The Justice Department said yesterday it would leave open its various offers to South Korean businessman Tongsun Park - including interrogation in a neutral country and possible immunity from prosecution - despite the failure of negotiations on the United States' right to question Park about alleged South Korean influence buying on Capitol Hill.
Benjamin R. Civiletti, head of the department's Criminal Division, said he and other U.S. negotiators "did not close the door" when they left Seoul last week after four days of fruitless negotiations with Korean officials.
Civiletti said he expected that some agreement would eventually be reached permitting U.S. investigators to question Park about South Korea's alleged efforts to win friends in Congress through bribery.
Park, a well-known Washington businessman and socialite until he left the United State hurriedly last year, has been indicted on 36 fclong counts in connection with the alleged Korean influence-buying.
He is generally considered the most important witness for criminal prosecutions or congressional disciplinary action against any American officials involved in the case. But he has refused to talk to American investigators.
The Justice Department yesterday released a statement setting forth its position in last week's negotiations over American questioning of Park.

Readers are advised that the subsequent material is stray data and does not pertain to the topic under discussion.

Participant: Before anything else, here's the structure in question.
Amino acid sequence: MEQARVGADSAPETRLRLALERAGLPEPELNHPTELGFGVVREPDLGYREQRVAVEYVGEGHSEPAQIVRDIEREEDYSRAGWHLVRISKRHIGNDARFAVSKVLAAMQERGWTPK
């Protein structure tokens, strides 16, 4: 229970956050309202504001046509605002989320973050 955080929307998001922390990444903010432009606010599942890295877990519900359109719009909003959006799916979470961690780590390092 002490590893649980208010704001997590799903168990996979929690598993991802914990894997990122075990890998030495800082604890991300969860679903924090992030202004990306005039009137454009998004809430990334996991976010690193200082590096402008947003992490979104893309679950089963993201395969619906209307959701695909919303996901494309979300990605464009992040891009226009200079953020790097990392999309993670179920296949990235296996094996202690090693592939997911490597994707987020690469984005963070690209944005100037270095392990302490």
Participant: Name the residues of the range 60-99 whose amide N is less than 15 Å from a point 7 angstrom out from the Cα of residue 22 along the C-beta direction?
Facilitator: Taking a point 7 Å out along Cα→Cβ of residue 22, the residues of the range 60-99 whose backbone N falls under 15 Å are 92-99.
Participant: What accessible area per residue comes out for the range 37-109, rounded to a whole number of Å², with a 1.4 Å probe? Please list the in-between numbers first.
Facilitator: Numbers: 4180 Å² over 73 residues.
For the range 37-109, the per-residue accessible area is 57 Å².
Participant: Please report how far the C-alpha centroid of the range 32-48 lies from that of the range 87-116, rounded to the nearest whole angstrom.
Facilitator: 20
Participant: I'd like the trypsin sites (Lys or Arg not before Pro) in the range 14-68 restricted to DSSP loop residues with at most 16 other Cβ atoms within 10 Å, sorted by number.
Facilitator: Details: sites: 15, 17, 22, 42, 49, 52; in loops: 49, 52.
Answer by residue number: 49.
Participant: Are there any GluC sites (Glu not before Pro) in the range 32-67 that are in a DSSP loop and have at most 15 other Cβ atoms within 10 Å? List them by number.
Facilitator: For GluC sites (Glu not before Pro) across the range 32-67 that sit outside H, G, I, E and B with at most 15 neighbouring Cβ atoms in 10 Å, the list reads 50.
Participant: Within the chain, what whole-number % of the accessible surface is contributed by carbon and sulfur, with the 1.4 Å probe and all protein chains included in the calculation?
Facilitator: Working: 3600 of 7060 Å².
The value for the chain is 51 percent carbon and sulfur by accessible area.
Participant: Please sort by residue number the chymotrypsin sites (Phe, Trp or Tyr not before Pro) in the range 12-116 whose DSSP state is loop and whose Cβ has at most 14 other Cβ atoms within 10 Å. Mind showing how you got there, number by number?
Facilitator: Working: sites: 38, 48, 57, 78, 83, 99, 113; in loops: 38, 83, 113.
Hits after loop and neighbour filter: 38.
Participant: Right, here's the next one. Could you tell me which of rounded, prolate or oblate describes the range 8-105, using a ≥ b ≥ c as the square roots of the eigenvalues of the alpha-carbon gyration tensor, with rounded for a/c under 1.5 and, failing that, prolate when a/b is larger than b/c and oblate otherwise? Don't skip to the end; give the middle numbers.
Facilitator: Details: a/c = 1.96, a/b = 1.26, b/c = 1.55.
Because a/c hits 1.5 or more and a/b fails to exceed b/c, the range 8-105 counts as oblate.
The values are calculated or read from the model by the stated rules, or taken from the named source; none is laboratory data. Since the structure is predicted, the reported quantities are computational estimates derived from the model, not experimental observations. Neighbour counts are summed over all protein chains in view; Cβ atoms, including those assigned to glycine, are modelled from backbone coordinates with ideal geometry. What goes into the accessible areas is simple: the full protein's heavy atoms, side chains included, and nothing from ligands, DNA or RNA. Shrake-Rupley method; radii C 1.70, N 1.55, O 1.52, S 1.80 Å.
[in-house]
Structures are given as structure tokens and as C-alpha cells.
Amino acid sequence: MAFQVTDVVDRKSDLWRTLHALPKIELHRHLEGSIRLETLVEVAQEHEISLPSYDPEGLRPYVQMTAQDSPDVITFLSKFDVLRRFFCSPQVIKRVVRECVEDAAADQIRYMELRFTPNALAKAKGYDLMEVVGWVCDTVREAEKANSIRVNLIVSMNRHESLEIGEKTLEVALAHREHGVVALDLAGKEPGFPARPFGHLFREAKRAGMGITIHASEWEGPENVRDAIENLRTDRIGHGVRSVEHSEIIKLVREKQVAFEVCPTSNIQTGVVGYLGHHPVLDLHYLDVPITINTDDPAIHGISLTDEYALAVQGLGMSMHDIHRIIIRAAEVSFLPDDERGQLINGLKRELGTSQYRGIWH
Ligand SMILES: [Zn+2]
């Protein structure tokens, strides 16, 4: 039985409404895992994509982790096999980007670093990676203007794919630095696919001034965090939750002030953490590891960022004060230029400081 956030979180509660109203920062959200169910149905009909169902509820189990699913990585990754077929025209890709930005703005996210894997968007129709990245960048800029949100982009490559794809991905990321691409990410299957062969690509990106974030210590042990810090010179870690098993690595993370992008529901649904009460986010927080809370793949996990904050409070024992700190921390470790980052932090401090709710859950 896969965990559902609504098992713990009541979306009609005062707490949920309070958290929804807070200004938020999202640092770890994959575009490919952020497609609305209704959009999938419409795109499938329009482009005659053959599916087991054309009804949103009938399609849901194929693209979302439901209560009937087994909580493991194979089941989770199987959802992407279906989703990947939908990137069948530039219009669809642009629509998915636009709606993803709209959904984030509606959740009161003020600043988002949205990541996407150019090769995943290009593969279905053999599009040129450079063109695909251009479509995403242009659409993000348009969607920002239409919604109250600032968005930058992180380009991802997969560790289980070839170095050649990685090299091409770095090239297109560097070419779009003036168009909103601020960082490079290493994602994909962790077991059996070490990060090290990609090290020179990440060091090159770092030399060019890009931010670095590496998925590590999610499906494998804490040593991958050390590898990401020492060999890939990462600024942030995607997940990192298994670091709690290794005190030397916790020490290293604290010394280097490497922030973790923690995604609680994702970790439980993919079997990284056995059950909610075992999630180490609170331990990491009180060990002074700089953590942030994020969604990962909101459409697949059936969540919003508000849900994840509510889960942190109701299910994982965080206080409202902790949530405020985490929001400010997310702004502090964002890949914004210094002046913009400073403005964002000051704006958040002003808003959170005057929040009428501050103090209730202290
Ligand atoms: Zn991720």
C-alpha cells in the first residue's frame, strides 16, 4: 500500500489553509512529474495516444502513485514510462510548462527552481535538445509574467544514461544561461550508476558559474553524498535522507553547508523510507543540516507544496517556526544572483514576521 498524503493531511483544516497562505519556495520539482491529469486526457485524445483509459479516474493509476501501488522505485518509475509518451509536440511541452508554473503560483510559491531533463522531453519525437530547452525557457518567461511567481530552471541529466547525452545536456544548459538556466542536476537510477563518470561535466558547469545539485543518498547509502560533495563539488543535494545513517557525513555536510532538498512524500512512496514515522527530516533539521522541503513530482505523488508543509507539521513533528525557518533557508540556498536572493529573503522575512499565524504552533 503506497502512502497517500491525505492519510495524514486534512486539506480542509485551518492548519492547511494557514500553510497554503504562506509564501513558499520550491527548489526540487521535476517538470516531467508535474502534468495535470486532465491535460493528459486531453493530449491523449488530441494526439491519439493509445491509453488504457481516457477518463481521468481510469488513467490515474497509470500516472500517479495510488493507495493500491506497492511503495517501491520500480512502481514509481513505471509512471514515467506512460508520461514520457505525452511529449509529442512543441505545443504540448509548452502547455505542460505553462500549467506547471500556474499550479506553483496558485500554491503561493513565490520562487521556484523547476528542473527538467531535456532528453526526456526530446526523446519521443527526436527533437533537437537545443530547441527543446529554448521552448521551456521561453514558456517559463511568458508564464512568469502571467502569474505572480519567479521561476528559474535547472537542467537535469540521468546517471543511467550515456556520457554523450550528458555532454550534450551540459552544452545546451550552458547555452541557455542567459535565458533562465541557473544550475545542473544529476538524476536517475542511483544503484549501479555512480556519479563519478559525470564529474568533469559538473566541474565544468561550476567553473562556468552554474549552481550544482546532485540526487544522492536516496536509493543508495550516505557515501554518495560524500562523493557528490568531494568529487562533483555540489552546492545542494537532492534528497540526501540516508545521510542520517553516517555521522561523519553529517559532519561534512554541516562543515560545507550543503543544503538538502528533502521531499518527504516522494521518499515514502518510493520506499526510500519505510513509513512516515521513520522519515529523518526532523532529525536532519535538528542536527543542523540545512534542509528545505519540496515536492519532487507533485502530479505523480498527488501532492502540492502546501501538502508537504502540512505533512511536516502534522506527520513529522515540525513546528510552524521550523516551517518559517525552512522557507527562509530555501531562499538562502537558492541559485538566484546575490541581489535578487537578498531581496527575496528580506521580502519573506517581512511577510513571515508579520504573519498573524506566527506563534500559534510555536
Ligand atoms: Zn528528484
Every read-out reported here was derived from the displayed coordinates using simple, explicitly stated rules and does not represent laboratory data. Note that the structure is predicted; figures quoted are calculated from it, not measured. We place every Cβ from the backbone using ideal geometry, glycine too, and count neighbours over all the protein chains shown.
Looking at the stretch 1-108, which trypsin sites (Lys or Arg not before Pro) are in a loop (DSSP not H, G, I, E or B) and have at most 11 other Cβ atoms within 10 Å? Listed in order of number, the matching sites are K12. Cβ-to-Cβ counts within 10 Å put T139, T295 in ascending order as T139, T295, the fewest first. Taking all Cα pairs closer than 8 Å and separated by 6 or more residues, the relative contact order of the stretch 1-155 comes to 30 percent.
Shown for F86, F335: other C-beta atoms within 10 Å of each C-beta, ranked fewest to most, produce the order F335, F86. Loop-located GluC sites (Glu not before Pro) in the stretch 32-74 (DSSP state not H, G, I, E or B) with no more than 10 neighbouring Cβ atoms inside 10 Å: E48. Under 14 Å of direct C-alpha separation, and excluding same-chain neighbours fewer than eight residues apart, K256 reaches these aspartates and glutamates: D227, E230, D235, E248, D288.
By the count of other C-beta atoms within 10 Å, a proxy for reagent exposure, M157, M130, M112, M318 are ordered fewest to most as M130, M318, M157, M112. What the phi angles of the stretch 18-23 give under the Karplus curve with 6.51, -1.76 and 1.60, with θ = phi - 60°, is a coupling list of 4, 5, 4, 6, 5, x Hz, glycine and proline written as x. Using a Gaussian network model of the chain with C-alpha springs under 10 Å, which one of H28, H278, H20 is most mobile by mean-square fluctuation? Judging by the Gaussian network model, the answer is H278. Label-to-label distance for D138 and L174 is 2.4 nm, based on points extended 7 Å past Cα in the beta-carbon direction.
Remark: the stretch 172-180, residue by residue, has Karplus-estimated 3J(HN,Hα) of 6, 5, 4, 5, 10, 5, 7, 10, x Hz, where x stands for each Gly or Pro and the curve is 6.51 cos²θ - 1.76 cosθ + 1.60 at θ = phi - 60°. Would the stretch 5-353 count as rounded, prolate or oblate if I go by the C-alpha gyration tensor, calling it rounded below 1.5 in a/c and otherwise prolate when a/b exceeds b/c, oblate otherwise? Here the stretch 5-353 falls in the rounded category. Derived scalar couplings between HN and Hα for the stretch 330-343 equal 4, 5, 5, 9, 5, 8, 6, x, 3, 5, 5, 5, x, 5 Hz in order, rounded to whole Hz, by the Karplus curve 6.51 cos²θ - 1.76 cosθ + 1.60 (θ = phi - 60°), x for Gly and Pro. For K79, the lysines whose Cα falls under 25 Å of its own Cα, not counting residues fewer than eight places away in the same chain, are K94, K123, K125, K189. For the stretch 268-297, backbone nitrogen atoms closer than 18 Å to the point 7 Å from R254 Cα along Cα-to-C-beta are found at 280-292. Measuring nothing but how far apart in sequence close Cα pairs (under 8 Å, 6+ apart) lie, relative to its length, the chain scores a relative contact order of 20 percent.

The document portrayed the American negotiators as willing to compromise, but said the South Koreans made little or no movement from their initial position.
In essence, the statement said the United States wanted to question Park directly with some safeguards as to the truth of what he said, such as lie detectors or voice stress tests.
If those conditions could be met, the statement said, the U.S. side was willing to talk to Park here or in any third country of his choice. It said the United States would agree to plea-bargaining "or would even consider dismissal of the indictment against him" if Park would talk.
According to the Justice statement, the Koreans would permit only indirect questioning, with American prosecutors passing their questions to Park through Korean officials. The Koreans said Park would permit interrogation only in South Korea.
Kim Su Doc, information attache at the Korean embassy here, said yesterday that South Korea "is willing and has been willing to allow questioning within the framework of international practices.
Kim suggested the "international practice" he referred to was the Lockheed Aircraft Corp. case, in which Japanese prosecutors sat in on American questioning, in the United States, of a Lockheed executive accused of bribing Japanese officials.
The Justice Department says that the Lockheed case is not analogous because American and Japanese rules of evidence differ and because Park's position cannot be compared to the Lockheed executive's role in the Japanese case.
The Justice statement yesterday said the negotiators could not even agree on terms for a brief meeting last week between Park and Civiletti. The Americans came home without seeing Park.
State Department officials are continuing their efforts to reach a diplomatic settlement. In Congress, there are indications that the failure of last week's negotiations may increase efforts to cut American foreign aid to South Korea.